Reviewing the geographical juxtaposition situation in regard to a site and its environment can reveal feedback effects that can significantly increase or reduce crime for both the site and its environment.

The geographical juxtaposition of the site and its environment in terms of crime risk factors and CPTED methods can result in positive or negative feedback. This feedback can in turn significantly increase or decrease crime rates over time.

 

 

Positive crime risk feedback leads to increased crime rates over time. It occurs when criminogenic factors (crime risks) from the environment increases the crime rates and risk factors at the site, which in turn increase crime and crime risks in the environment, which then affect the site crime risks..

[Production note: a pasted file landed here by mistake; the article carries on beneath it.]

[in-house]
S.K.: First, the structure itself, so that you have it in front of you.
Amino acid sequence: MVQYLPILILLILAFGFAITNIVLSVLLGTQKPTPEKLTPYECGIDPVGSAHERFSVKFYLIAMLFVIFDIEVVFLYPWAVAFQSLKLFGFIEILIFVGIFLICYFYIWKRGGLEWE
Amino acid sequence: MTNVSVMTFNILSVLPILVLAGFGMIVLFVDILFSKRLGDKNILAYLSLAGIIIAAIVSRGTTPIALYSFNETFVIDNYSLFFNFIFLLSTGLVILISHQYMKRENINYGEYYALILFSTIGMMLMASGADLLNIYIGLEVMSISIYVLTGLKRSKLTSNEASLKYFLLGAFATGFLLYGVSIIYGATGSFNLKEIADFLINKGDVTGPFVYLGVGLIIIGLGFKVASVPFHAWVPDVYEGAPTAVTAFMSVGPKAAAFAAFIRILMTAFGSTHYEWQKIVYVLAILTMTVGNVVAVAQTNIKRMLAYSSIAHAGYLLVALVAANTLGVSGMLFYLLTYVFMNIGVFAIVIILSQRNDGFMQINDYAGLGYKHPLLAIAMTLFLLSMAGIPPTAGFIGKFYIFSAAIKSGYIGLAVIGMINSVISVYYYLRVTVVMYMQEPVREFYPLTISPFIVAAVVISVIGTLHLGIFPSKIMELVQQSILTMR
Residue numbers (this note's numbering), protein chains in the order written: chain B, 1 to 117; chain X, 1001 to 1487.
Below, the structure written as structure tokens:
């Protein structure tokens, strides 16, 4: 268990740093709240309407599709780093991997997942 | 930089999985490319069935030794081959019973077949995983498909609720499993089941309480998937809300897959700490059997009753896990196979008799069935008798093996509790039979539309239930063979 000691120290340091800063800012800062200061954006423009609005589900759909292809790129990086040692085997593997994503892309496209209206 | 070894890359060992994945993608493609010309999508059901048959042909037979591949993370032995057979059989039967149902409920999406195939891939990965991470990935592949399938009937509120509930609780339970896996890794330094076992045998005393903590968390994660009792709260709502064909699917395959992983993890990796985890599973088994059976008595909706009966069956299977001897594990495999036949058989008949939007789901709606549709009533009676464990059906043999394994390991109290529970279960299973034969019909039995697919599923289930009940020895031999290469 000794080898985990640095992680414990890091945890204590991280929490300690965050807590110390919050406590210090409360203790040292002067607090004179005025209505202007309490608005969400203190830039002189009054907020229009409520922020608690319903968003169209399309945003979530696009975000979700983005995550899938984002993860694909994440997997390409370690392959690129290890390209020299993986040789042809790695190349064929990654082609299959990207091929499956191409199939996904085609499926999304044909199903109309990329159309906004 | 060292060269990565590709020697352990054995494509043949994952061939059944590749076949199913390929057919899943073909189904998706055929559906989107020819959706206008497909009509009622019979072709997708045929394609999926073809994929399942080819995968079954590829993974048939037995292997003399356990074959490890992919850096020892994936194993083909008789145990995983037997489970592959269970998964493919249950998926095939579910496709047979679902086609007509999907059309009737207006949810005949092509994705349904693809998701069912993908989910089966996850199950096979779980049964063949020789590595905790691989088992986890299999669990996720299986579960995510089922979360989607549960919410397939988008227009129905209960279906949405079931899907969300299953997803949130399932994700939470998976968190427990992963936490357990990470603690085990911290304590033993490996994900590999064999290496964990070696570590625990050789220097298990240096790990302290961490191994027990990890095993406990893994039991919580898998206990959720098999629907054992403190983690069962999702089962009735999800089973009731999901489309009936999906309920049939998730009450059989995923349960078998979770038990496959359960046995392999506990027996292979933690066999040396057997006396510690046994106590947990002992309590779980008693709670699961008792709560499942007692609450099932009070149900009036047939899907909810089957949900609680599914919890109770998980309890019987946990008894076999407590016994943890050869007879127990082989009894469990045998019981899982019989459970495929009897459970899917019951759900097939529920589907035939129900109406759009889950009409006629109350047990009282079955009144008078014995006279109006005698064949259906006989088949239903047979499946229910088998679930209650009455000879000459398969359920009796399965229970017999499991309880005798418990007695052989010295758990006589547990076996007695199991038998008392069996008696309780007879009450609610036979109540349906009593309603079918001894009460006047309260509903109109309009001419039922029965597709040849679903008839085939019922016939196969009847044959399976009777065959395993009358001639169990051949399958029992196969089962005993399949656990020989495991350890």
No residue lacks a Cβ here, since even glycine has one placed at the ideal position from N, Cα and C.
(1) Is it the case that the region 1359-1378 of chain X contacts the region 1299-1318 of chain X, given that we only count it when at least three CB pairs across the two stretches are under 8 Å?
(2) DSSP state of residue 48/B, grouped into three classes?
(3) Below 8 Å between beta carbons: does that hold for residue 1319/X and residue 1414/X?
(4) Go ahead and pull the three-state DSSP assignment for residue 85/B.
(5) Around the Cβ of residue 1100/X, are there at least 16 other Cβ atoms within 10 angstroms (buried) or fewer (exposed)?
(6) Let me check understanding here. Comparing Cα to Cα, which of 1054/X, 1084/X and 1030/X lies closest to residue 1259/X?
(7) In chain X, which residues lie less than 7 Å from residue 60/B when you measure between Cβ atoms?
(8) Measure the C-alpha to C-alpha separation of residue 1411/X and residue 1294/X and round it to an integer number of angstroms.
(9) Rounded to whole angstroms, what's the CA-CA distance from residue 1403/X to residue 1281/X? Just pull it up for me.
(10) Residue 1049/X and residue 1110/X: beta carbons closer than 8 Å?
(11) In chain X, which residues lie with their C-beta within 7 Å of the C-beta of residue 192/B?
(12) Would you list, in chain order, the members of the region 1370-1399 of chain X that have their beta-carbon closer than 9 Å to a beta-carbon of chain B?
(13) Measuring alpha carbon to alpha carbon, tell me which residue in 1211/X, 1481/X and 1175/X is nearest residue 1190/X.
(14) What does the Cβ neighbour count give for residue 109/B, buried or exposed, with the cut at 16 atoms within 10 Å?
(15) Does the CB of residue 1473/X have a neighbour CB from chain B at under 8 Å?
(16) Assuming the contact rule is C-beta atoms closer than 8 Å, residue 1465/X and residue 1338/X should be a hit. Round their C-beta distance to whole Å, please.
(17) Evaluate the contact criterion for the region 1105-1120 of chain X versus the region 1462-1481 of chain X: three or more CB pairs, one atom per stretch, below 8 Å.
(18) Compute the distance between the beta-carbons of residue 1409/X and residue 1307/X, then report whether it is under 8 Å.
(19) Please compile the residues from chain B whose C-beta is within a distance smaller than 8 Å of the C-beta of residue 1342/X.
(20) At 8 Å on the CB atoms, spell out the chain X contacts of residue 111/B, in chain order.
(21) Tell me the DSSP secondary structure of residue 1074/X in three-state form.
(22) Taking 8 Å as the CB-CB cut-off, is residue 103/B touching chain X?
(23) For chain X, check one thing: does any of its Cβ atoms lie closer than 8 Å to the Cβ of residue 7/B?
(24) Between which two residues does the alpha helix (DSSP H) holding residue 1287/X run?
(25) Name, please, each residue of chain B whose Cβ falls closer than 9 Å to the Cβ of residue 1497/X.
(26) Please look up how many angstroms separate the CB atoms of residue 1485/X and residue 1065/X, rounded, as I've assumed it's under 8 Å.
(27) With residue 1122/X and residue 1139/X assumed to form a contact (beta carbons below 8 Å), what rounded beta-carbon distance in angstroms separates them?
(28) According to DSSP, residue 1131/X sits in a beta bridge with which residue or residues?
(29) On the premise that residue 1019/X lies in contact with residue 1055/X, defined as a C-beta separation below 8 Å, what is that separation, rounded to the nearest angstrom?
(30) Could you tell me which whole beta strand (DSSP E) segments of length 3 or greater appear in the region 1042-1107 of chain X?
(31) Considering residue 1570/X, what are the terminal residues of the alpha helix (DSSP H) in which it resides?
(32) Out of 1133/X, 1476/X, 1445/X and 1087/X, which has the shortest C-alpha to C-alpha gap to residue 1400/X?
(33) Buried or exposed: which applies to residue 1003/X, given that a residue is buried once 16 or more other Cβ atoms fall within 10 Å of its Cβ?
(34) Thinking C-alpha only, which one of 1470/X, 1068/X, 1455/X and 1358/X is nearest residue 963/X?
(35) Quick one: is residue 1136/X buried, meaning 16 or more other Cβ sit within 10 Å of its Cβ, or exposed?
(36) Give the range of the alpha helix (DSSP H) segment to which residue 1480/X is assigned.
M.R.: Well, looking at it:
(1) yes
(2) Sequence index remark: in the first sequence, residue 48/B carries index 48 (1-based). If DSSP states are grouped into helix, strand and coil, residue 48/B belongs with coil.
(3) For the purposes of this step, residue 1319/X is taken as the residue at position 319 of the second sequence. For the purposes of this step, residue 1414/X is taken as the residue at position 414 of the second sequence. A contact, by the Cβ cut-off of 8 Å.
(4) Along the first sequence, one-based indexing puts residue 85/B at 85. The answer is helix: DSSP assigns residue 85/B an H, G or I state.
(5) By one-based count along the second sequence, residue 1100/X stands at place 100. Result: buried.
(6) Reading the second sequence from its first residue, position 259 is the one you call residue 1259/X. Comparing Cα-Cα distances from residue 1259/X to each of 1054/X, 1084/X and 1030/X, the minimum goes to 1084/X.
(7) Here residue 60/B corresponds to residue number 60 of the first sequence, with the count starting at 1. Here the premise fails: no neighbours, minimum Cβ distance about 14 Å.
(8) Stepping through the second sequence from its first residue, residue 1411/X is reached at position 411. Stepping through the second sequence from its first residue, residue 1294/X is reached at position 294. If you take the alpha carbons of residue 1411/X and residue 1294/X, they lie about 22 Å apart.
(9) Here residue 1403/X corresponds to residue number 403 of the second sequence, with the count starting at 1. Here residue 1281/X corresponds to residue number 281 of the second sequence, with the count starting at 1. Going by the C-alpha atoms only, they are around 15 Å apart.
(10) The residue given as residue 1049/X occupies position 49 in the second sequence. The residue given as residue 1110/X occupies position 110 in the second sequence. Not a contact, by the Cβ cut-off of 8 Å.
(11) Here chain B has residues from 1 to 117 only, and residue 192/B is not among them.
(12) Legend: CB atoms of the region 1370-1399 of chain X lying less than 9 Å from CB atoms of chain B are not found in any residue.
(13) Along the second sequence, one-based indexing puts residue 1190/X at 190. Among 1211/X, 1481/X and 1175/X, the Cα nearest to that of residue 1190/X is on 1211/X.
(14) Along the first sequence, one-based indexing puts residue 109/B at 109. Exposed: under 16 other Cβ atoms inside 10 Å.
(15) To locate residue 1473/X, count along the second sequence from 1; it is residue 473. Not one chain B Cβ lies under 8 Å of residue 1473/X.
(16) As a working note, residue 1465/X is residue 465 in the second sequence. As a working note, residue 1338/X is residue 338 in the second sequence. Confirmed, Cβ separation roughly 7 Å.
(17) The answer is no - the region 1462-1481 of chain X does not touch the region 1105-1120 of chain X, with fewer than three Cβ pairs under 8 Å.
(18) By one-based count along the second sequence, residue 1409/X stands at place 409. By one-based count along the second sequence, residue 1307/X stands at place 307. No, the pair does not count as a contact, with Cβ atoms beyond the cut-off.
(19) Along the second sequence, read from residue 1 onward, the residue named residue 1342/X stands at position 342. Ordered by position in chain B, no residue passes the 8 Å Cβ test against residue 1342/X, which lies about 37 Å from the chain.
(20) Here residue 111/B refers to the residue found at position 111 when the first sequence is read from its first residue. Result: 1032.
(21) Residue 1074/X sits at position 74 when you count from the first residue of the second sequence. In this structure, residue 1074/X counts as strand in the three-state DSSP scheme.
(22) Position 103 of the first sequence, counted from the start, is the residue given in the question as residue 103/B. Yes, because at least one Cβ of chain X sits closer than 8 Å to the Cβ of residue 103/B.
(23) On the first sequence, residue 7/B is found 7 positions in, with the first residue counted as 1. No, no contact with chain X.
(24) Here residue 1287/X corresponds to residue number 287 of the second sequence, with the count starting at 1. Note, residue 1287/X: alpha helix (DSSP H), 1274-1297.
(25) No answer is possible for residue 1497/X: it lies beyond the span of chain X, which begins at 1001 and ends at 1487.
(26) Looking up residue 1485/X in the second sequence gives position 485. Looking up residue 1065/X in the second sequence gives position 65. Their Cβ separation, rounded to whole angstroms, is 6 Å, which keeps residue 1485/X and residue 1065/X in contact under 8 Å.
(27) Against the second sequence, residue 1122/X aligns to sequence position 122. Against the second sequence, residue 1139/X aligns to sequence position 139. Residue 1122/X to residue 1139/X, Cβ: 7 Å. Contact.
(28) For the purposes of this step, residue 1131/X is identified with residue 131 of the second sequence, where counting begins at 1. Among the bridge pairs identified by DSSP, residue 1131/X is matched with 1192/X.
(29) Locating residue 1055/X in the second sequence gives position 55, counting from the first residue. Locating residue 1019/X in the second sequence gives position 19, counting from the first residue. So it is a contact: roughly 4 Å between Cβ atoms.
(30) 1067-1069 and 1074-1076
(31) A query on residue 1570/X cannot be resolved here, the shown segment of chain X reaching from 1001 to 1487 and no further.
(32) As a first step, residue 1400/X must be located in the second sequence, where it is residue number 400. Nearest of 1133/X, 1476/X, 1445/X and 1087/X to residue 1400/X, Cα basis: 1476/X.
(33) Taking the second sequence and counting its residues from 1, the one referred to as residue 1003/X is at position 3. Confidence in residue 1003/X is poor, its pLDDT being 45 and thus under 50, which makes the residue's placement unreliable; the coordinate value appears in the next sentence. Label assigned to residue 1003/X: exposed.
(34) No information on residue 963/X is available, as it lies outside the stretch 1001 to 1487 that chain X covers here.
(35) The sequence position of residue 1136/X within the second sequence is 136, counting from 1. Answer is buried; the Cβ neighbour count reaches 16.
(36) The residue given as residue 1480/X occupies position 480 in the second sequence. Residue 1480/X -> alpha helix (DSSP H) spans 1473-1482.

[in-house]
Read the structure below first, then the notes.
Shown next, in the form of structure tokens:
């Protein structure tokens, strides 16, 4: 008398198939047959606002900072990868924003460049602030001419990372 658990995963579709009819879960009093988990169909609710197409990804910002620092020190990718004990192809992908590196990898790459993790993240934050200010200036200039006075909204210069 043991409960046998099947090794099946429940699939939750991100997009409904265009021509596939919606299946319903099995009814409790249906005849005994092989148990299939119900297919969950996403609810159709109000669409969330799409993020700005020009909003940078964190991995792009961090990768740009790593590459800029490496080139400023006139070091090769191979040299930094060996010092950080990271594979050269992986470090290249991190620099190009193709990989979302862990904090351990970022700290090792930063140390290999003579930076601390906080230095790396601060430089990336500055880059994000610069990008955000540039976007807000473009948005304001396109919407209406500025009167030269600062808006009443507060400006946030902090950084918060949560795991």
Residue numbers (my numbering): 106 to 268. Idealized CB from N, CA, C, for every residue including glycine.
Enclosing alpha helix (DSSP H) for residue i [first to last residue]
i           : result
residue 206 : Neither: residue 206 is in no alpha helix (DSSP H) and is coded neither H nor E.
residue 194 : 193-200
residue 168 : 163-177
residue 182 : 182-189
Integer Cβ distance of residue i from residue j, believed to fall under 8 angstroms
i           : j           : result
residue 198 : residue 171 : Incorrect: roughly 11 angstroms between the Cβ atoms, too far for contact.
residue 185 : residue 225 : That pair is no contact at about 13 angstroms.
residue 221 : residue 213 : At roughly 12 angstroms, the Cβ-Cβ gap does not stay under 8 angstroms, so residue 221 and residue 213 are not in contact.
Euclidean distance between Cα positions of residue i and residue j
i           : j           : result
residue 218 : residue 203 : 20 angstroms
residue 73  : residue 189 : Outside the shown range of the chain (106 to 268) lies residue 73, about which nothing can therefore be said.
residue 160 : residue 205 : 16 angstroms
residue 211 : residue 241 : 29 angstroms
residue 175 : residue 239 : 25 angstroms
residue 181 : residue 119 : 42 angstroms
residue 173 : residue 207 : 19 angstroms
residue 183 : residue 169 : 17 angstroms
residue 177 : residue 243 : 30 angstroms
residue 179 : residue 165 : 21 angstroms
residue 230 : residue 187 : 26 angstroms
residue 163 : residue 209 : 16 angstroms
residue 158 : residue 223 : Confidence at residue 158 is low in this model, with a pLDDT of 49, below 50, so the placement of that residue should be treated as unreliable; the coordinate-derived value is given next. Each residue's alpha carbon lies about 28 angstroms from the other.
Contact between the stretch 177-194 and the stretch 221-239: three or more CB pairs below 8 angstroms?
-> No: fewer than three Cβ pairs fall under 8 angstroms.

Similarly, positive feedback of successful CPTED can lead to decreased crime rates over time. This is occurs when reductions in crime from the site CPTED also reduces the crime motivations in the nearby environment, which in turn help reduce crime risks on the site, etc...

Negative crime risk feedback tends to lead to stabilisation of crime rates. It occurs when criminogenic factors (crime risks) from the environment increase the crime rates and risk factors at the site, but at the same time the characteristics of the site are opposite and tend to reduce crime and crime risk factors in the environment - or vice versa. This is a common phenomenon and explains why crime rates tend to remain steady over time.